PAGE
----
The Depressed Christian


Christians prone to depression, as I am, can feel extra burdens of shame and doubt. We’ve heard the best news in the world, yet we can hardly motivate ourselves to butter our toast. Are we failing to work the program, or does the program itself not work? Are we setting a bad example in a world already inclined to believe that our faith is useless at best, harmful at worst?

Travis Mamone’s article The Boy with the Thorn in His Side at Relevant Magazine asks these exact questions. With humor and pathos, he describes how he read The Bible Code last year and became paralyzed with fear that the apocalypse was imminent. Though he eventually debunked that specific worry, he was disturbed by how easily the habit of panic returned, despite his faith:


When will this struggle be over? I had been dealing with mental illness for most of my life now, and I was getting sick of it. There was nothing else I wanted more than to just wake up one day and no longer have another anxiety attack. Ever! The Gospels report that Jesus once drove demons out of a man who hid in caves and cut himself with rocks. I thought all my demons were supposed to be gone.

And then it hit me: this is exactly like the thorn in Paul’s flesh!

I can’t imagine how my weakness and hang-ups can possibly give glory to God. When people look at me, I want them to see a strong man, a man whose life has been changed by God. More often, however, people see my failures and moments of weakness when I let the negative thoughts drag me down. What kind of testimony is that supposed to give?

Or maybe that’s exactly the kind of testimony I’m supposed to give. If I had the strength to battle my demons on my own, I would have never given my life to Christ in the first place. But the truth is I’m not. I tried to do it on my own, but just fell back into the same cycle of depression and getting better and falling back again. It wasn’t until I came to know God that I realized I didn’t have to battle it alone. In fact, the battle is not even mine to begin with; it is God’s. There are moments when it seems as if all is lost and the darkness is completely taking over. But then there always ends up being something to keep me going; it could be a Bible verse, a memory of being blessed, or a gut feeling that everything’s going to be okay. God’s mercy always shines through the darkness.

There a particular Bible quote that comes to mind: “Praise be to the God and Father of our Lord Jesus Christ, the Father of compassion and the God of all comfort, who comforts us in all our troubles, so that we can comfort those in any trouble with the comfort we ourselves have received from God” (2 Cor. 1:3-4). Maybe there’s some one out there right now, huddled up in his or her room, wondering when the darkness will end. Maybe this person is waiting to hear a story such as mine, a story that’ll make him or her realize, “Hey, I’m not alone!”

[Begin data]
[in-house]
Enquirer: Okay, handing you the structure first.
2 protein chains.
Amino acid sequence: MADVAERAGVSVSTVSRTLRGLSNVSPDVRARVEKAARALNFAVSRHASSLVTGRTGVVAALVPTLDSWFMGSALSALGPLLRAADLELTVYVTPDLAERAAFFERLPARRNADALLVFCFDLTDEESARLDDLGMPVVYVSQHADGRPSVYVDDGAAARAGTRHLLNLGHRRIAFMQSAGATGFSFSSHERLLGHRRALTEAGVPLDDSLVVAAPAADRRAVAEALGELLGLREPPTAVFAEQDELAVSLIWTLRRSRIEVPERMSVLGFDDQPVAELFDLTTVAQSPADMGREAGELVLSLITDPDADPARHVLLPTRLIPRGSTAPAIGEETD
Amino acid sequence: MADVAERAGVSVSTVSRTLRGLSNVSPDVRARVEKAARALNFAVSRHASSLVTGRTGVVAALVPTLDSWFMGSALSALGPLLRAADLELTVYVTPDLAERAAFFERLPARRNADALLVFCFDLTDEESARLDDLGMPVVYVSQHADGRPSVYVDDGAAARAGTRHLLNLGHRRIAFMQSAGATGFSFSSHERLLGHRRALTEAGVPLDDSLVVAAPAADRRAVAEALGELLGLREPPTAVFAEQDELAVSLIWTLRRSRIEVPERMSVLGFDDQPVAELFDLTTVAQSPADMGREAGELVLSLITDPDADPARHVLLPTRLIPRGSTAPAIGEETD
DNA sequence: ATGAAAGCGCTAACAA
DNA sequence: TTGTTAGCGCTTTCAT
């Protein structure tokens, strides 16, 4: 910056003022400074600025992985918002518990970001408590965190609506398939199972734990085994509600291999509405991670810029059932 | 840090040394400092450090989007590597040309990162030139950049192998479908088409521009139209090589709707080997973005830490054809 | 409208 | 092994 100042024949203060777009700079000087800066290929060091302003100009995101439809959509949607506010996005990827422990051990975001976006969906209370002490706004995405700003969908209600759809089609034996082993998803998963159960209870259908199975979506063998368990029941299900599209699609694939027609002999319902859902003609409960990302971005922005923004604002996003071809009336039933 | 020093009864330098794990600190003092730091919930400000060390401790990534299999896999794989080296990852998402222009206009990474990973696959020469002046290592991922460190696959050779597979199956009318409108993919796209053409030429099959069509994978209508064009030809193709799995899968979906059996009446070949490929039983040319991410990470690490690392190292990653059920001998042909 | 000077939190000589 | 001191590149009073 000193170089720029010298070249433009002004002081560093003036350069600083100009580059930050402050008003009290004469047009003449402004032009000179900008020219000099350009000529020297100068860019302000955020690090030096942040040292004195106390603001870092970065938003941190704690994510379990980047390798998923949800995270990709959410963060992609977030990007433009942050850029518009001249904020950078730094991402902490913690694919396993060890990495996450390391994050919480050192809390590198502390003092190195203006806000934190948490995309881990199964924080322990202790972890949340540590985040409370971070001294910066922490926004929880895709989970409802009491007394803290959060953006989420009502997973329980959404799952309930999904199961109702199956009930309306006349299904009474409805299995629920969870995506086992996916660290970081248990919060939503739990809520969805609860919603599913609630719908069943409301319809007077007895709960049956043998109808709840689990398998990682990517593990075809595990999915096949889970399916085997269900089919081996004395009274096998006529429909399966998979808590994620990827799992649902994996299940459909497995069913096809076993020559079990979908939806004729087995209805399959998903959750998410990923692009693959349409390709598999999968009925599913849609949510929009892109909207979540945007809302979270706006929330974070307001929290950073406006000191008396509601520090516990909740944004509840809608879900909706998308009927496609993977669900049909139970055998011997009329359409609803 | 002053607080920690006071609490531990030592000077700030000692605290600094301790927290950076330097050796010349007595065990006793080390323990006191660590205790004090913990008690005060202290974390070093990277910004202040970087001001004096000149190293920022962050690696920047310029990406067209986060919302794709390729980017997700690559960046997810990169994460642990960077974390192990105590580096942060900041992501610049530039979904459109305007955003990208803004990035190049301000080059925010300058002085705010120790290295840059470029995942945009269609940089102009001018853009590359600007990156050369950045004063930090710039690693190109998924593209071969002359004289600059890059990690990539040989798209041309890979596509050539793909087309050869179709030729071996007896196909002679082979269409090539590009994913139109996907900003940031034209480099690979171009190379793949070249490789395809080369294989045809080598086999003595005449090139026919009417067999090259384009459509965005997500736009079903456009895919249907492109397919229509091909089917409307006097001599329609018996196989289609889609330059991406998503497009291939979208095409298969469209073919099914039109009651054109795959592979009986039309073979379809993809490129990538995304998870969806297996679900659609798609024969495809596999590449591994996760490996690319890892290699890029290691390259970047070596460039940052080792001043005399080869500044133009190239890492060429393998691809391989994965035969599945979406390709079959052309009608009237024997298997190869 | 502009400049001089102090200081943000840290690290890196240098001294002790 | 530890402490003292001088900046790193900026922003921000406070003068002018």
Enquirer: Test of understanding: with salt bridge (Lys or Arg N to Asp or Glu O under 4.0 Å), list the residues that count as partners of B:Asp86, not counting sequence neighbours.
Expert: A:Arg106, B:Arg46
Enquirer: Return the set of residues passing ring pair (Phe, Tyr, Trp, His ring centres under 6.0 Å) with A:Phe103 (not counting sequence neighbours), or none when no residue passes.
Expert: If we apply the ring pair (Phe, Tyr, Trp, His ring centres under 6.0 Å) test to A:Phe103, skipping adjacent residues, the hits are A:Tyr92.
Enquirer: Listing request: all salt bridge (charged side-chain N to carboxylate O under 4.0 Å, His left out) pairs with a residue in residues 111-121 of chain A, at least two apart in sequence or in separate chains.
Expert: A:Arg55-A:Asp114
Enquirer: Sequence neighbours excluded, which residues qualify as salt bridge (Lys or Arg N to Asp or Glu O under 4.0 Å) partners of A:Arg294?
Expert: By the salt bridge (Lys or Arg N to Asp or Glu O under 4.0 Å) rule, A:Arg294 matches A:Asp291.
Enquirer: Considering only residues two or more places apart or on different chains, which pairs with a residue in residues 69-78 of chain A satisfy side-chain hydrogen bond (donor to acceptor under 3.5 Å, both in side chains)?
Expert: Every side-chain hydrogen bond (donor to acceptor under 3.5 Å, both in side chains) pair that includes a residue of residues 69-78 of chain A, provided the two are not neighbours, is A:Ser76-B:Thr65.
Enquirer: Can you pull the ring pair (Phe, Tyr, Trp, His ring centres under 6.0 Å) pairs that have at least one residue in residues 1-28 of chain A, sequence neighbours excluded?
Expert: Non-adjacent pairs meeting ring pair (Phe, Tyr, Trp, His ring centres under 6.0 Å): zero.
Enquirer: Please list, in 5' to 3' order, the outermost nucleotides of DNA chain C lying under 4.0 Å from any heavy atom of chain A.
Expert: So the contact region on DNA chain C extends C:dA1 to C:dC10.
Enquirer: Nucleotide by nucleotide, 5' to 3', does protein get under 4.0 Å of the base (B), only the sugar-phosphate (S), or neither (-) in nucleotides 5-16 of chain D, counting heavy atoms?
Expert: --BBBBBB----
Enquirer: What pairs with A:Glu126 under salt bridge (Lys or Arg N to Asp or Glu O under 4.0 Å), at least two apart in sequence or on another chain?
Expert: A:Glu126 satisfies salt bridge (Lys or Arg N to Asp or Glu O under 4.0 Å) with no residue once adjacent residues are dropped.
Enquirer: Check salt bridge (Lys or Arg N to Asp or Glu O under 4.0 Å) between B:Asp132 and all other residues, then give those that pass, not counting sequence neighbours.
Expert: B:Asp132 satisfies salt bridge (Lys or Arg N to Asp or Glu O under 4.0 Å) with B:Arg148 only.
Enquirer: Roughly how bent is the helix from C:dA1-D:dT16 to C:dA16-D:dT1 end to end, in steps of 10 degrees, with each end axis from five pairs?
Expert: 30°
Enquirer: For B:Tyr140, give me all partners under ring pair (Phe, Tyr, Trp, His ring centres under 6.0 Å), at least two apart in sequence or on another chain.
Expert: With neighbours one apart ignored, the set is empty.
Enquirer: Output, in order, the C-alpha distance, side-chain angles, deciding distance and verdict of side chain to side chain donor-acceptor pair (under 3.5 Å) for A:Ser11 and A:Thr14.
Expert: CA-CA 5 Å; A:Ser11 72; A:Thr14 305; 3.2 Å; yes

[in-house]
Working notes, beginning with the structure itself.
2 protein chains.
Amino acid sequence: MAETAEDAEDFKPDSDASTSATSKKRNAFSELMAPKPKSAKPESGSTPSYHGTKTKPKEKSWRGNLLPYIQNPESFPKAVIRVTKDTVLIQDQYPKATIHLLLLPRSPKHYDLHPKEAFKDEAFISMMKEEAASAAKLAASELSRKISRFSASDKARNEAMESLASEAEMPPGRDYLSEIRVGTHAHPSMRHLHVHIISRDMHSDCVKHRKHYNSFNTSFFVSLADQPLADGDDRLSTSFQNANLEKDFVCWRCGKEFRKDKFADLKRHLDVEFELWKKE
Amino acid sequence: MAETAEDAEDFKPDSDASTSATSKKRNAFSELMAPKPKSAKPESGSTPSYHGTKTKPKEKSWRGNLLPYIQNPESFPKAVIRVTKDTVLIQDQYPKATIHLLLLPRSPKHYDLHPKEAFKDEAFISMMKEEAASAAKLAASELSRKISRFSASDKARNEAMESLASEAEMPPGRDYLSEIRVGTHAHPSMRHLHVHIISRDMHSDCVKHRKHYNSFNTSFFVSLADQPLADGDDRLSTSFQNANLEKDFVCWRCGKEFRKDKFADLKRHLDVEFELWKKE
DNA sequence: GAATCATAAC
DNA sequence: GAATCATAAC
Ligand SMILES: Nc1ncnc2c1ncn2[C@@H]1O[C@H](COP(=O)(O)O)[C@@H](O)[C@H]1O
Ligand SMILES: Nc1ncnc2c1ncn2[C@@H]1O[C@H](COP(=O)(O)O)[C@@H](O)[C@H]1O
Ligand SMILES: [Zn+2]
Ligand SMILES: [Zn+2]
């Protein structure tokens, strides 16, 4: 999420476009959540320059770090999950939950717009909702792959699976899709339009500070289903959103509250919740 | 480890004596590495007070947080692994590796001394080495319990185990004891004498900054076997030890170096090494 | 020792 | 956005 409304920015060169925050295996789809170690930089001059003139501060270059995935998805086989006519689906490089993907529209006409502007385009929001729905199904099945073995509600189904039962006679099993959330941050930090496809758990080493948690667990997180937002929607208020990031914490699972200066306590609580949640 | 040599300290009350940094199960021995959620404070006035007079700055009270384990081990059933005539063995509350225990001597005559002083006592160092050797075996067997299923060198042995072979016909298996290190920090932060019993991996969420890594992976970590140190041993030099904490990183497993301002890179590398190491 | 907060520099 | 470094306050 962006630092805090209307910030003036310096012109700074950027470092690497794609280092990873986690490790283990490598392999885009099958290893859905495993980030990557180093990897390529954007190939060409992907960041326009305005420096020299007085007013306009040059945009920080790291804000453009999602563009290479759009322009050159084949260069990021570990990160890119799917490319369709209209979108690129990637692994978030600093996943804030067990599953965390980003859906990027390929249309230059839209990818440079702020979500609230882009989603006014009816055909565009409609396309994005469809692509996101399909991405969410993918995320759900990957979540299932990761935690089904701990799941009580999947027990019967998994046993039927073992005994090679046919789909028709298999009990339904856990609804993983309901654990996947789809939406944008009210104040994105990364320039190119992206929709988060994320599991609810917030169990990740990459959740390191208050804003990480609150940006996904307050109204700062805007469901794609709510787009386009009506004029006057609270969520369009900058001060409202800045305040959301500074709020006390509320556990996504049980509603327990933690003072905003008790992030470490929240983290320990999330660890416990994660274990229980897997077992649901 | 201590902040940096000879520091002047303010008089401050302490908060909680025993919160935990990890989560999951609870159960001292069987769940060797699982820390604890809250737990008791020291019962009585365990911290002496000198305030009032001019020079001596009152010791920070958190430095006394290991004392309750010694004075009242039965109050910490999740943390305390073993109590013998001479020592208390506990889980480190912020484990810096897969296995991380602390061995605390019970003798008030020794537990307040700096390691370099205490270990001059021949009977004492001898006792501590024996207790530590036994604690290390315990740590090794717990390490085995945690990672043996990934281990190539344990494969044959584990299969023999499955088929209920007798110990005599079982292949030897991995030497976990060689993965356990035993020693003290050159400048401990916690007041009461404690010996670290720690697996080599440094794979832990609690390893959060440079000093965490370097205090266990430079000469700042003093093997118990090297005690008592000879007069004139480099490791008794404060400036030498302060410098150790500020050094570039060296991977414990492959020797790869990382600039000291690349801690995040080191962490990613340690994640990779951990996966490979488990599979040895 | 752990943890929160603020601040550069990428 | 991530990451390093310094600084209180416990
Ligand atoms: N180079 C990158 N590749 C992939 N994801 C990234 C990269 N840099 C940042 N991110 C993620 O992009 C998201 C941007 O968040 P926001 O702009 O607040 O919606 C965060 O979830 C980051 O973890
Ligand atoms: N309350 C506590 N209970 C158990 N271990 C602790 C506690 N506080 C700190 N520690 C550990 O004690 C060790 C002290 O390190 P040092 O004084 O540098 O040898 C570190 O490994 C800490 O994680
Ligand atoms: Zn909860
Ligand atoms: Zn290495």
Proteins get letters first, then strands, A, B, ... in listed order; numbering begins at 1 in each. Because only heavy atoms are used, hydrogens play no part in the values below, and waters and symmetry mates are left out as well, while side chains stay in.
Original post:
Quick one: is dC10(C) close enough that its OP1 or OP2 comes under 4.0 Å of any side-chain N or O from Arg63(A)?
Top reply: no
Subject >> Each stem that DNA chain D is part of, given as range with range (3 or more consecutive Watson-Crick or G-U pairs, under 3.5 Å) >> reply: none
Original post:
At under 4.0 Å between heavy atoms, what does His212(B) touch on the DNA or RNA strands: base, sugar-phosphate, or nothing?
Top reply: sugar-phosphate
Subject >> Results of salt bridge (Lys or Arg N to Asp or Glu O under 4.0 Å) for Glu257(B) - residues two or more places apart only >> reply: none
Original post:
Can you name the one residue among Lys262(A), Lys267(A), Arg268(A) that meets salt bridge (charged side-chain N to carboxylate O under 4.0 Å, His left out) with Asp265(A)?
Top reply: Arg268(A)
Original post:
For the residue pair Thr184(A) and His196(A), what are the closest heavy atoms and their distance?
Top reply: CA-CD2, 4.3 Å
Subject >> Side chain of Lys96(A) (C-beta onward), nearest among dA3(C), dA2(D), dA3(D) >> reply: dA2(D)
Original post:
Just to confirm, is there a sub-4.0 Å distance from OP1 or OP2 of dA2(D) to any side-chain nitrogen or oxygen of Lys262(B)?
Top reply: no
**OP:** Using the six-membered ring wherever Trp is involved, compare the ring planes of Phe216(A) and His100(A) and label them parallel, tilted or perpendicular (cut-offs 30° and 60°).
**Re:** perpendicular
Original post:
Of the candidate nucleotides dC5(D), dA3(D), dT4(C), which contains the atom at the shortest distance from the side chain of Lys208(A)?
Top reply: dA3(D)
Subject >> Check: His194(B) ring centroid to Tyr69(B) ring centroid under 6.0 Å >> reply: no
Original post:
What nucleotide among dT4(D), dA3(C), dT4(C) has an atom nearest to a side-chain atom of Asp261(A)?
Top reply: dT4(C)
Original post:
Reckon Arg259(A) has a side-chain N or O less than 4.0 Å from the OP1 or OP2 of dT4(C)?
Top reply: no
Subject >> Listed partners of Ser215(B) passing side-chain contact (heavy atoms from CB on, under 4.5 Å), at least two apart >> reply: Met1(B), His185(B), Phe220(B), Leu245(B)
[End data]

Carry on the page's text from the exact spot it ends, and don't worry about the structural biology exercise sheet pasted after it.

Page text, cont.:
Today, that person is me. Thanks, Travis.

Check out Travis’ blog at http://tmamone.blogspot.com/. (What’s really disturbing is that the “What type of hipster are you?” graphic accompanying yesterday’s post looks exactly like me on a bad hair day. And you wonder why I’m depressed?)

2 comments on “The Depressed Christian

  1. Alegria Imperial says:

    Count me in as the third. I struggle through pain and nothingness with bouts of happiness and calmness of mind everyday. Maybe, I, too, suffer from some kind of mental illness I haven’t dared to find out. What’s certain is my constant search for peace that at times seems to end only for the battle to begin again. Here are some whiffs of calm wind that had helped:

    “Restless until my heart rests in thee”, thus, St. Augustine simply puts what ails man. All Truth seems poured in these seven words, truths that Jesus lived and died for. He showed us and taught us what these truths are but why did He seem to make peace such an impossibility, indeed? Why is life impregnable? Why is living a crucible? Jesus had a consistent answer to these—because to walk with God, to go home to Him in eternity is to shed the world at every single moment with every thought and every act. Otherwise we, who have wakened to this true path but have not really given in or have not learned to will what God wills or to simply break our will and turn it over to Him, will never find rest. Until we ‘die to ourselves’ and be nothing in this life, as Jesus says again and again, our journey back home will be wrought with pain. “Die to ourselves”, how do we do that? Not to seek comfort or consolation for what we do, and to deny ourselves of that, which makes us happy (a momentary lift), perhaps? Pain is in the nature of this life, Jesus assured us. If He knew of another way to peace and salvation, being Truth Himself, he would have shown it certainly, shown something else other than having been impoverished, derided, betrayed, and crucified by this world, in this existence, this finiteness. “No wonder you have so few friends”, Sta. Teresa de Avila once chided Jesus in all her humaneness. Maybe, we three are being considered among the few.

  2. zhenimsja says:

    Hello, man! I am absolutely agree with this way of assumption and everything connected.

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